Garden Word of the Day
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Have you noticed fine webbing on your tomato plants recently? Are your leaves looking stippled (spotted white or yellow)? If so, you are like the many other gardeners experiencing spider mites in their garden.
Spider mites are very tiny. The females are only 1/20” and the males are even smaller! However, as spider mites colonize on a plant, you will see webbing, especially on the underside of the leaves. Spider mites can suck the life juices right out of your favorite heirloom tomato and these little buggers can complete an entire generation in less than a week! Unfortunately, drought-stressed plants are more susceptible to spider mite infestations.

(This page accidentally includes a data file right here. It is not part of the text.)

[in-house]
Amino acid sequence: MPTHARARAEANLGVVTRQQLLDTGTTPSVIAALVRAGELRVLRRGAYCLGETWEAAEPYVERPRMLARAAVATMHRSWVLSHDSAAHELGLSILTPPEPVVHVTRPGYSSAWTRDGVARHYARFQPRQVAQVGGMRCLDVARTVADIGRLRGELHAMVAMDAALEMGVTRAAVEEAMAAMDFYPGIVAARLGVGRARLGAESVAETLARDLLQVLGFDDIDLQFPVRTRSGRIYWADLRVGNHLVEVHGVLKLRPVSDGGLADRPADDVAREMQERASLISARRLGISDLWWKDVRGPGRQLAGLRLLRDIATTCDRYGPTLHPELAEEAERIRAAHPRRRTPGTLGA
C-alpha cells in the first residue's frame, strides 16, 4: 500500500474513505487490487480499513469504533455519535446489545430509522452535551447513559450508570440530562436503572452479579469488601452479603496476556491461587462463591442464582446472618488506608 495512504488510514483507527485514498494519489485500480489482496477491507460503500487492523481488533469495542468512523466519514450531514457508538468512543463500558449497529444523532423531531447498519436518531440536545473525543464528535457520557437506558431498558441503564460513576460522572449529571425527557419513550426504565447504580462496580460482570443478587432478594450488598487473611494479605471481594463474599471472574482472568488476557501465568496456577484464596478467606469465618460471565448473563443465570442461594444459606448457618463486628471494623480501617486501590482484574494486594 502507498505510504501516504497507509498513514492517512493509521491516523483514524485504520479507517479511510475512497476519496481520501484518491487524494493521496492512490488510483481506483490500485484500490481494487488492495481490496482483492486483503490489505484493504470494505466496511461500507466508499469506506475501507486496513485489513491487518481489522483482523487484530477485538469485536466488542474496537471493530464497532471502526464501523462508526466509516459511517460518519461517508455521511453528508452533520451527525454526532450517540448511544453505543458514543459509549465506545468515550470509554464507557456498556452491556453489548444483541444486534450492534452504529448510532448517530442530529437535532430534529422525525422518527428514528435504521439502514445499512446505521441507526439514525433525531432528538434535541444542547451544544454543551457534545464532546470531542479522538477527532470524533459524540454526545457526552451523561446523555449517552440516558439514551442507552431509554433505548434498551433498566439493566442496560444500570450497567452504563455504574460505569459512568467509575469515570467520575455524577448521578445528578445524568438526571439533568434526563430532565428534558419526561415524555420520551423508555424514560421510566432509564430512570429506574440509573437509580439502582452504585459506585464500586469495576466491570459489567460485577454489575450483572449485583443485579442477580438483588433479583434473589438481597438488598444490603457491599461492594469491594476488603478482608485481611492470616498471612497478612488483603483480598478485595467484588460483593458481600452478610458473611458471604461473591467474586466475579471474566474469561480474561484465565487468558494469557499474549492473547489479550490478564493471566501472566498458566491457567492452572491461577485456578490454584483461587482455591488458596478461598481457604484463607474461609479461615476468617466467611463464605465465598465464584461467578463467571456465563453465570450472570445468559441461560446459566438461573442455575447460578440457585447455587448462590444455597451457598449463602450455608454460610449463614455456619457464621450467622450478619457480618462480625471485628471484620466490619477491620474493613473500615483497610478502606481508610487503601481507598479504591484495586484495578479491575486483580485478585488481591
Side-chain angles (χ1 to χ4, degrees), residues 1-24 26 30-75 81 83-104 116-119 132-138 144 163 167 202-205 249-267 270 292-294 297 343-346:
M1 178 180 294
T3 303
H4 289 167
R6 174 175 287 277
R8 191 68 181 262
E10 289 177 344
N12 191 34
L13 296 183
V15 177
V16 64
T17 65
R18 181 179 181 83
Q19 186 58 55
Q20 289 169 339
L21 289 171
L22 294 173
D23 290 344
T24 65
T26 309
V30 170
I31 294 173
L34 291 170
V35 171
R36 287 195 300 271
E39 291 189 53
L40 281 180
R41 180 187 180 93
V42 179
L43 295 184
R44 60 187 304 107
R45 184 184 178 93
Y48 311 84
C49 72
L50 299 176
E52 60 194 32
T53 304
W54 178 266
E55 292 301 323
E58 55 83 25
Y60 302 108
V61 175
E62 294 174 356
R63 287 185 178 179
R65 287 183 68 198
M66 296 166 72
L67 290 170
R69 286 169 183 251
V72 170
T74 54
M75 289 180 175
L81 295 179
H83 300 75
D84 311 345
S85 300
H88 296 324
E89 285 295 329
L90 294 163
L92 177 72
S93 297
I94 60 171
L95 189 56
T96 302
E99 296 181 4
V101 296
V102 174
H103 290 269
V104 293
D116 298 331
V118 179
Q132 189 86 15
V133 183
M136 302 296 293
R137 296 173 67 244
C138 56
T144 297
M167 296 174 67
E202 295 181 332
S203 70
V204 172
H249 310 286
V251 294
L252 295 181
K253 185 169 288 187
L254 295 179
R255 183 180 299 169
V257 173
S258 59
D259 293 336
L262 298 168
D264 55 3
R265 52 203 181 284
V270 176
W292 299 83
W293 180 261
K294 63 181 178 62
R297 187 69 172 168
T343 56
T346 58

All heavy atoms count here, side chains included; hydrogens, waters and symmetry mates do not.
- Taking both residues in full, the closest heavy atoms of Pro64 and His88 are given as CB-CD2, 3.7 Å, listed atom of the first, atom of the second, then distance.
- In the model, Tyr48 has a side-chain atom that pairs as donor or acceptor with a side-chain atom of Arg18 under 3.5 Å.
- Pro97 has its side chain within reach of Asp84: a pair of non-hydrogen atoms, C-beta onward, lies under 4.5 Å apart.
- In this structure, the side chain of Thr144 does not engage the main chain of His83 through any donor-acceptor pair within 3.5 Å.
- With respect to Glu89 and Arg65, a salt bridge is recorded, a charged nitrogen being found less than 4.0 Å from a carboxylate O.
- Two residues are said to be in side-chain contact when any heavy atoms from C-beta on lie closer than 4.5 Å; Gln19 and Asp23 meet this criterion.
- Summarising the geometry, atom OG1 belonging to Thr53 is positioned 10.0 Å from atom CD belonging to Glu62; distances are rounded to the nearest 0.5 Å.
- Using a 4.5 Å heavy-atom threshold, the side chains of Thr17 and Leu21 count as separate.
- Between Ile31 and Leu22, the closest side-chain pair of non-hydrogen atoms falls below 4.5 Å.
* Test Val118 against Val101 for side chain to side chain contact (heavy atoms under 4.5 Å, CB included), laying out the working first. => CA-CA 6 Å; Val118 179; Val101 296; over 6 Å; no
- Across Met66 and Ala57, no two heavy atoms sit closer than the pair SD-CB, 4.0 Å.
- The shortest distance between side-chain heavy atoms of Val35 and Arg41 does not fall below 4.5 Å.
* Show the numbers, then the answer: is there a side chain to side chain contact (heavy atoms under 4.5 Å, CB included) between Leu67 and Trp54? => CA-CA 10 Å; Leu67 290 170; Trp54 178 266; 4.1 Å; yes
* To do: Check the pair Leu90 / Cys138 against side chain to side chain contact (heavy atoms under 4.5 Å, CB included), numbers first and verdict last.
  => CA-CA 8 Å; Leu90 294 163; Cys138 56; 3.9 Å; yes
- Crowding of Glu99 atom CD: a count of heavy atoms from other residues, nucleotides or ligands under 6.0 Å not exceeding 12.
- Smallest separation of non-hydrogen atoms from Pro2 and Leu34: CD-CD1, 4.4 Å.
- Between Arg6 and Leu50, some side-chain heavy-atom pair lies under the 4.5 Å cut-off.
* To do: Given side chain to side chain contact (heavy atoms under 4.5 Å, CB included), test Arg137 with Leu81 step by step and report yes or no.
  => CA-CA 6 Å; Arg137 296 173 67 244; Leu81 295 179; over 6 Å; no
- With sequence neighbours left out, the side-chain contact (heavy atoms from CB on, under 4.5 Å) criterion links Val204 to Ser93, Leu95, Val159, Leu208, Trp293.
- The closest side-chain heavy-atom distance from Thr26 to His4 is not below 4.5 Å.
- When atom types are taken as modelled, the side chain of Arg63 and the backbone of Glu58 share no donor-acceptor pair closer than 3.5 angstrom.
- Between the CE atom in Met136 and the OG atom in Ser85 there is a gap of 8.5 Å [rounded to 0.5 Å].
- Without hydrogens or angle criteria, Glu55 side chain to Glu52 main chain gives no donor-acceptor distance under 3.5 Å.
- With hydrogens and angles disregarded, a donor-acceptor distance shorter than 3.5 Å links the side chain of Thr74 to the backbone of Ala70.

One of the most common causes of spider mite infestations is the use of broad spectrum insecticides, which kill off beneficial predators along with the pests. The easiest (and least destructive) way to get rid of spider mites is to move the infested plant to a clear area of the yard and spray it off with the hose. Insecticidal soaps or horticultural oils can also be used, but watch out for applying them on sunny days. I recently learned the hard way that leaves will burn if insecticidal soap is left on the leaves during the heat of the day.
If spraying your plants does not provide adequate control, you can purchase western predatory mites and Phytoseiulus (spider mite predators). Spider mites love dusty conditions, so you can make your yard less hospitable by giving plants an occasional light rinse.
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